Investigators still do not know why a Boeing 737 with 15 people on board crashed in the Canadian Arctic, killing 12 people and injuring three others, police and the jet’s owner First Air said Sunday.
The three survivors — one of them a seven-year-old girl — were in stable condition and recovering in hospitals after Saturday’s accident near Resolute Bay in the Arctic territory of Nunavut, federal police said.
“At this time the cause of the crash is unknown,” First Air’s vice president of marketing, Chris Ferris, told reporters, his voice breaking with emotion.
“First Air is cooperating fully. Our thoughts and focus are with the families and friends of the passenger and crew and the community of Resolute Bay.”
The seven-year-old girl and a 48-year-old man were evacuated to Ottawa for treatment, while the third survivor, a 23-year-old woman, was hospitalized in Nunavut, federal police said.
“We have no other information in regards to precipitating factors causing the plane crash,” police spokeswoman Angelique Dignard said in an email.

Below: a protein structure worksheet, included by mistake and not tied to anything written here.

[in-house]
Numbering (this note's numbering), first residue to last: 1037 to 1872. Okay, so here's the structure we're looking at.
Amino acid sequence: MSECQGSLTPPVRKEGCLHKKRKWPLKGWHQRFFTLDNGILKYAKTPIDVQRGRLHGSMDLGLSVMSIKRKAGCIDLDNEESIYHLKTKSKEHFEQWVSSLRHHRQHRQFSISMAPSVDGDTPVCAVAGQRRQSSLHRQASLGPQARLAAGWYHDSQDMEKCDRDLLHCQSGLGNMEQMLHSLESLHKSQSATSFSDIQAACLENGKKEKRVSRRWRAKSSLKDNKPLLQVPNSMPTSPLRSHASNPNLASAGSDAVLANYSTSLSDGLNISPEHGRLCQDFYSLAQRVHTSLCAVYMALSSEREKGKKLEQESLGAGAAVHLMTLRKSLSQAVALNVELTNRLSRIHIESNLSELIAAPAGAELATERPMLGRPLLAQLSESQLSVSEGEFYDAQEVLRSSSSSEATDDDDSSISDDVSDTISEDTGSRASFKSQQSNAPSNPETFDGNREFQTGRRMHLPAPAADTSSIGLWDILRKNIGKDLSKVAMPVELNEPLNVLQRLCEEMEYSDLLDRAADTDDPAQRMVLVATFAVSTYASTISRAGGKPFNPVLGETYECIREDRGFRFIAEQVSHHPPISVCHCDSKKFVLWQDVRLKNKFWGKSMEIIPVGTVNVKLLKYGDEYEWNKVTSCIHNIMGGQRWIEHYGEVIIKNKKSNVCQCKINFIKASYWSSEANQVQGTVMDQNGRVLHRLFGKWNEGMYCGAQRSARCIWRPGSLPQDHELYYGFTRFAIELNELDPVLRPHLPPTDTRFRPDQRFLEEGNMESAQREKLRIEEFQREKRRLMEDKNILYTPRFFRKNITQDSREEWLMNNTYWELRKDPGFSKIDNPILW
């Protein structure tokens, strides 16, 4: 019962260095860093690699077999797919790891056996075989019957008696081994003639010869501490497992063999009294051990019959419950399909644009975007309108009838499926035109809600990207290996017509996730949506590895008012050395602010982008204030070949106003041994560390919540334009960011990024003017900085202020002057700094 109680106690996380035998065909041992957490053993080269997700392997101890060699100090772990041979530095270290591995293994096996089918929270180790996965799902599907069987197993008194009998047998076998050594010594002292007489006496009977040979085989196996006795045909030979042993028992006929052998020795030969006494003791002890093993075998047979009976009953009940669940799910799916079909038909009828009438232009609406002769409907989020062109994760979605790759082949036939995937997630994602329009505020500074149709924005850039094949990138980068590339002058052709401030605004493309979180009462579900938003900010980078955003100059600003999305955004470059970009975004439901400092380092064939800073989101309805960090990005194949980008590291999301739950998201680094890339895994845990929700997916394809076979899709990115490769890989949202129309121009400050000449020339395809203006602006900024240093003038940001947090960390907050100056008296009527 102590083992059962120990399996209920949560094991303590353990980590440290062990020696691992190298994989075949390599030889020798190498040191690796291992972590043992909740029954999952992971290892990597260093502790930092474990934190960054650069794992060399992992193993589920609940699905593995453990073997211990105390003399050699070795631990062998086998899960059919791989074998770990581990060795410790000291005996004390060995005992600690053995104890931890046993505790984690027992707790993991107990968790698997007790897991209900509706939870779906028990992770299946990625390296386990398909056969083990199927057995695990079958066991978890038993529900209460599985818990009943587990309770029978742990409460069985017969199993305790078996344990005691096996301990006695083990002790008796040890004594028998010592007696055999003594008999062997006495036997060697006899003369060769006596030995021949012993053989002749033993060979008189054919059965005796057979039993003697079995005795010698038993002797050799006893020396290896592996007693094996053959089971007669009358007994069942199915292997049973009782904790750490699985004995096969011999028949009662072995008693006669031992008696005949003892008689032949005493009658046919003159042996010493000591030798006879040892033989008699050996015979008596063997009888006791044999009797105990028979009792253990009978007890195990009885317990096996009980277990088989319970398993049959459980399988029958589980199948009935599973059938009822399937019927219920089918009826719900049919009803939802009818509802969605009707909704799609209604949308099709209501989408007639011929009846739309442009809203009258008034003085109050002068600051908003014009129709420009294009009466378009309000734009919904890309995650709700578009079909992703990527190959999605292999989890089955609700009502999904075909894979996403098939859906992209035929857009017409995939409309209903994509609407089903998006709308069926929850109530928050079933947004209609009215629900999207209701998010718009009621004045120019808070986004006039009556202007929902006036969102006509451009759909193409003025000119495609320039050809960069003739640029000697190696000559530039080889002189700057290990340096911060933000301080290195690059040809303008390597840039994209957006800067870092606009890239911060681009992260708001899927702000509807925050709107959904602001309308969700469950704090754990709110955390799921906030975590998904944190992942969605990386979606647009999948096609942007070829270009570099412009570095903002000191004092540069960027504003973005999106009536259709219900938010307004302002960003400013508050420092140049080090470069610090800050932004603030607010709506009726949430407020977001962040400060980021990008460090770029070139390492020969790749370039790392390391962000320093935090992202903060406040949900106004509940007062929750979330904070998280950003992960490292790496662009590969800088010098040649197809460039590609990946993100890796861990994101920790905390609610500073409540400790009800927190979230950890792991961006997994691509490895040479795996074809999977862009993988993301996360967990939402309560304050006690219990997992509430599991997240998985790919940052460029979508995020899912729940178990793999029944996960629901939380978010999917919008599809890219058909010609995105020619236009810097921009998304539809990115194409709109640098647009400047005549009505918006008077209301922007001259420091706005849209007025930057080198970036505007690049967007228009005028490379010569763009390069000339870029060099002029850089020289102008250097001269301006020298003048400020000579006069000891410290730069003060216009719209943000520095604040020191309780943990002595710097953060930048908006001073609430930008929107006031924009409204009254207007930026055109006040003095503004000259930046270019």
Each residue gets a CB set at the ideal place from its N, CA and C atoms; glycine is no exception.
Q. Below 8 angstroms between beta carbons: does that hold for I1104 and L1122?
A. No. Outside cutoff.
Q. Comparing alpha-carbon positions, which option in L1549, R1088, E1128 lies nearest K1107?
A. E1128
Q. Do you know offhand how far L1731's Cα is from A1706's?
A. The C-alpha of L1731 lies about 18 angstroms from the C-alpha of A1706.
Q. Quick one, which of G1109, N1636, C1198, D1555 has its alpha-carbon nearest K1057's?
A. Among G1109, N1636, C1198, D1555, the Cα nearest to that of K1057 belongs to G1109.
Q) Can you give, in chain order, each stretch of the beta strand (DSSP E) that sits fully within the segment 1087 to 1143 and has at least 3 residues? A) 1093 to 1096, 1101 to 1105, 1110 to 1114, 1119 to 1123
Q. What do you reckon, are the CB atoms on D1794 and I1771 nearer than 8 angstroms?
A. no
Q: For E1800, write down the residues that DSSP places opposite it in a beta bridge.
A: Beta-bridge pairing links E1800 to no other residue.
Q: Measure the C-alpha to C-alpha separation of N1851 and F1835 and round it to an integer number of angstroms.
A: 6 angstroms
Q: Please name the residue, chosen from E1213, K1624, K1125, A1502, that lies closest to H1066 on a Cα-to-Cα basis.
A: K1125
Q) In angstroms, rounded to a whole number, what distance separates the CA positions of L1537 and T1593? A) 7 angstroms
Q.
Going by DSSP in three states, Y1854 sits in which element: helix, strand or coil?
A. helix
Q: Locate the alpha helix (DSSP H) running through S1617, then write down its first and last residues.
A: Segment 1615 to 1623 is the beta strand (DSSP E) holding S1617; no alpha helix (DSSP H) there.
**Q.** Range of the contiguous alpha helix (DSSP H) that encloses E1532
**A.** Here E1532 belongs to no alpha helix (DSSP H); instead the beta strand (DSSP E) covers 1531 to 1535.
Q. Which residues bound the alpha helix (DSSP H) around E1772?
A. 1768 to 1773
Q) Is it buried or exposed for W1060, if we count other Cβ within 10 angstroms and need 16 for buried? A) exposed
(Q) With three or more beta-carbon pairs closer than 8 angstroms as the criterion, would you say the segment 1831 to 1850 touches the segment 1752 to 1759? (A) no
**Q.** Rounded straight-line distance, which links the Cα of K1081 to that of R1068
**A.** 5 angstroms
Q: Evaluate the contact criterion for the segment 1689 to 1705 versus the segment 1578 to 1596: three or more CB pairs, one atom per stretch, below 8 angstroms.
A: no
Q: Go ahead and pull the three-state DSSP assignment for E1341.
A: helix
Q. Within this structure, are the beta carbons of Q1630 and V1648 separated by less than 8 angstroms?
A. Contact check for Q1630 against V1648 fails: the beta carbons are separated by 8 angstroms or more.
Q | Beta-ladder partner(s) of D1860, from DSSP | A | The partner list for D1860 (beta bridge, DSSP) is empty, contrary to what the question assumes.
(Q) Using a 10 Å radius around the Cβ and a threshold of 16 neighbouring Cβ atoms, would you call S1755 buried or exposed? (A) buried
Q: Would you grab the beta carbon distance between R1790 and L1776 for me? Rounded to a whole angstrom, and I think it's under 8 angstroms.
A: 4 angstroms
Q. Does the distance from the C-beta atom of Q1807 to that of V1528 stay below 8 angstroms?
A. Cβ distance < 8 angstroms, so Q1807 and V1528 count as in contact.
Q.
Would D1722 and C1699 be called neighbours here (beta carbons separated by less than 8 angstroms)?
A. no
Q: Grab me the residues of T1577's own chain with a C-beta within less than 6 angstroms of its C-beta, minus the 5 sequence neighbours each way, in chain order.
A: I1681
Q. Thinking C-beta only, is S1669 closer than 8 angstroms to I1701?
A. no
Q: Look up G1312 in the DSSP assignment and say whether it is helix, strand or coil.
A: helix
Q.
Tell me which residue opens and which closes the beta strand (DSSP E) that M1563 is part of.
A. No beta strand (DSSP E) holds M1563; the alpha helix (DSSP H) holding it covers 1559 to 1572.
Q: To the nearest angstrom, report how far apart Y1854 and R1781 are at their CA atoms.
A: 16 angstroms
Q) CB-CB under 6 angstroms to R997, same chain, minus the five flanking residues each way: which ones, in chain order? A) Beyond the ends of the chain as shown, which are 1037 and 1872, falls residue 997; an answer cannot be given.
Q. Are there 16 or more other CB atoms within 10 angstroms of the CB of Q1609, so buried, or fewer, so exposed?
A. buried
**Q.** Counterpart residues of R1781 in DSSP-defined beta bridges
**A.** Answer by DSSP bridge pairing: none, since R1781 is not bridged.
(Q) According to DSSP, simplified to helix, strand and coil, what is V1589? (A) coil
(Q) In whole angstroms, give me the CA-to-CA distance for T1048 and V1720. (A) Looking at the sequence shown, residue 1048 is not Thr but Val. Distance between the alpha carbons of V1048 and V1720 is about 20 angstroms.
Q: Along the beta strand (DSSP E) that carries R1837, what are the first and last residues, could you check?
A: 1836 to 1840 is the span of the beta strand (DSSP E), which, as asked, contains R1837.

The plane’s black boxes have been recovered, Transportation Safety Board of Canada spokesman Chris Krepski told AFP.
Ferris said counselors had been sent to both Yellowknife — the charter flight’s point of origin — and Resolute Bay to help the families of the victims.
Prime Minister Stephen Harper was expected in the area Monday as part of his annual trip to the Arctic, which coincides with military drills taking place nearby.
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